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A paleolimnological assessment of the impact of nitrogen deposition to alpine lakes in Rocky Mountain National Park.
WOLFE, ALEXANDER 1, Van GORP, ALISON1, BARON, JILL2, 1 2
ABSTRACT- It is well documented that atmospheric deposition of fixed nitrogen from anthropogenic sources is a major ecological concern for regions adjacent to highly populated and industrialized centers, such as New England and western Europe. On the other hand, far less is known regarding the impacts of more moderate rates of deposition to sensitive alpine catchments in the western USA. Lake sediment cores provide reliable archives of recent biological and biogeochemical changes to these systems, with the advantage of being able to place observations of recent change in the context of natural variability, inferred from parallel studies of sediments pre-dating human influences. Cores from five lakes in Rocky Mountain National Park, high in the Colorado Front Range (>3,200 m asl), record near-synchronous changes including expansions of mesotrophic diatoms and depletions of sediment nitrogen isotopic signatures. The amplitude of recent shifts in sediment proxies is greater in lakes east of the Continental Divide than in those situated west of the Divide, implying that excess nitrogen originates from agricultural and industrial sources in the South Platte River valley, including the Denver-Ft. Collins urban axis. Although the up-slope winds needed to transport nitrogenous compounds westward are a minor component of regional atmospheric circulation, they are nonetheless potent vectors for atmospheric deposition. Paleolimnology reveals how these inputs are inducing directional biological and biogeochemical changes to these seemingly pristine natural areas.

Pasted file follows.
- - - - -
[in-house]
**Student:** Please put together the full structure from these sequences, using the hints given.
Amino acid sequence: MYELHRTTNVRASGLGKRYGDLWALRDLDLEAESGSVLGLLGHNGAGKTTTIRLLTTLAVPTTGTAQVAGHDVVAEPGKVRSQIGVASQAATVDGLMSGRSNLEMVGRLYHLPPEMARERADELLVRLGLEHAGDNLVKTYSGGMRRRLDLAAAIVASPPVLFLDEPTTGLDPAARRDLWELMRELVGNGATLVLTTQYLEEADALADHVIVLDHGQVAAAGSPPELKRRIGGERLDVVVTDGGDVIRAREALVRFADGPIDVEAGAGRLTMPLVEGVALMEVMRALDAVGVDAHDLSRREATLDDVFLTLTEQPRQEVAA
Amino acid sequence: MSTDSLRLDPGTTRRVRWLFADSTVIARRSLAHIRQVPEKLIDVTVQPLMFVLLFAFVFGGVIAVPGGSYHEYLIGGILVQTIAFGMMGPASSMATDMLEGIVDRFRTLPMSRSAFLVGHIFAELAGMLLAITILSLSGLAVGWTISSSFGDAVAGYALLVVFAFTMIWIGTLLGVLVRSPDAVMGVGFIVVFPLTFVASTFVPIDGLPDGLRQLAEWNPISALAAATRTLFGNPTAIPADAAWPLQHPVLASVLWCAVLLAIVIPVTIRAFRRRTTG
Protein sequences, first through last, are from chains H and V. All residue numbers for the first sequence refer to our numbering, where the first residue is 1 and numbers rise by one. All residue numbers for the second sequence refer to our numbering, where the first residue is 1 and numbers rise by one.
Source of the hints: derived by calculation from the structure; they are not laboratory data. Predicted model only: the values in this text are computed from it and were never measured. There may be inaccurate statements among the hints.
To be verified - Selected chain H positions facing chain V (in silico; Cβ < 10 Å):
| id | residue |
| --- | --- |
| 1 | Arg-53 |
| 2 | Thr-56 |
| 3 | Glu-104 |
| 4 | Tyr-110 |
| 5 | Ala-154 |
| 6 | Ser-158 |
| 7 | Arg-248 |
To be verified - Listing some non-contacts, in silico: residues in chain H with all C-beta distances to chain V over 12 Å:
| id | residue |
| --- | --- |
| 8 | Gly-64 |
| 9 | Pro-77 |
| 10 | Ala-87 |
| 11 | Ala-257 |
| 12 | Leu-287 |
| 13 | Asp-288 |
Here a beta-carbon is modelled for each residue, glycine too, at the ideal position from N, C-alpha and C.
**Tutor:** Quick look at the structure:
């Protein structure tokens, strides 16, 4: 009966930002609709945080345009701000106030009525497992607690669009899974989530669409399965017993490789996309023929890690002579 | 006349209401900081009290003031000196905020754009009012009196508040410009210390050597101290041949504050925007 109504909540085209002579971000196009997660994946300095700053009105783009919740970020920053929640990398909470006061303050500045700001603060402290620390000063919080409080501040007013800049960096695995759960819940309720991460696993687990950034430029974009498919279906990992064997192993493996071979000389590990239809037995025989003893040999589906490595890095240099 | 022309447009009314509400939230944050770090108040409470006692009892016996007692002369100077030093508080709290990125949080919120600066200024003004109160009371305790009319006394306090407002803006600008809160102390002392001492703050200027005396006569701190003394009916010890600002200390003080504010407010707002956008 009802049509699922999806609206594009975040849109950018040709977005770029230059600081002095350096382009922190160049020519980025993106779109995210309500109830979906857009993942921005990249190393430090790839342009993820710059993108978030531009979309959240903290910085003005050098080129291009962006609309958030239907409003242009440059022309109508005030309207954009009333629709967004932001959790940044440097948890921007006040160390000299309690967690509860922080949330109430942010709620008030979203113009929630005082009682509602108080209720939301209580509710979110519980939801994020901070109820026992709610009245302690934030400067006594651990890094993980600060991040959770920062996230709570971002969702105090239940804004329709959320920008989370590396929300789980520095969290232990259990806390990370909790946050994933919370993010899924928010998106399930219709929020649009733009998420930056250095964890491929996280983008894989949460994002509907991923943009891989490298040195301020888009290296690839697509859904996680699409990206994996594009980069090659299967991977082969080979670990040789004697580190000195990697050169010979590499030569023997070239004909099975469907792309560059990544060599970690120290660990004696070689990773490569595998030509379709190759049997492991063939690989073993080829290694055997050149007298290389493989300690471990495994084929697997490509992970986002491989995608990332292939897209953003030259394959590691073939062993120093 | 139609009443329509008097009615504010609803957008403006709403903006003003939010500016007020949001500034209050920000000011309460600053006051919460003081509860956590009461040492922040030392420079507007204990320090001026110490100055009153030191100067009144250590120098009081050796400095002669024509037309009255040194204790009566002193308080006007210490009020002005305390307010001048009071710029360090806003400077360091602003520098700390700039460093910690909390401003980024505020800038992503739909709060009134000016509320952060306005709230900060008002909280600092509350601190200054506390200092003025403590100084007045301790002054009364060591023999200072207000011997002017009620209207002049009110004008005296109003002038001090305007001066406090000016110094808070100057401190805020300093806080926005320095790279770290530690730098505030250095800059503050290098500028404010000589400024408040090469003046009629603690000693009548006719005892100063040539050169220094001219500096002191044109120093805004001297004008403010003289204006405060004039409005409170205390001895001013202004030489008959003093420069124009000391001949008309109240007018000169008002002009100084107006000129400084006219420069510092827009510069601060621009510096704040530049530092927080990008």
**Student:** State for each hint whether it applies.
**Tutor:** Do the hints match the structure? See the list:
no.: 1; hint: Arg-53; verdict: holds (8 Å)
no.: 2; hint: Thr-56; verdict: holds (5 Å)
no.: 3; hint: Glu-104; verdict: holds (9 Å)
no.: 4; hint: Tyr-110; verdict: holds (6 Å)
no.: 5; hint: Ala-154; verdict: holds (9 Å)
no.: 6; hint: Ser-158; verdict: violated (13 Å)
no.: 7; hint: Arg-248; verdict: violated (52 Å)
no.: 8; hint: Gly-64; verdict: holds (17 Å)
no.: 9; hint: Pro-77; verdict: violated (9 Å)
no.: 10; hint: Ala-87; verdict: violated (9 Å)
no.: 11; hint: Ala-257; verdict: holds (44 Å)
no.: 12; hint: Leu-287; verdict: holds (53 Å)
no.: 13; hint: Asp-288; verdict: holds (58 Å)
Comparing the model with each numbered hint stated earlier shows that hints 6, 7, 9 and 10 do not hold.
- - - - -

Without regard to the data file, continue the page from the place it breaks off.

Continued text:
KEY WORDS: diatoms, nitrogen, alpine, lakes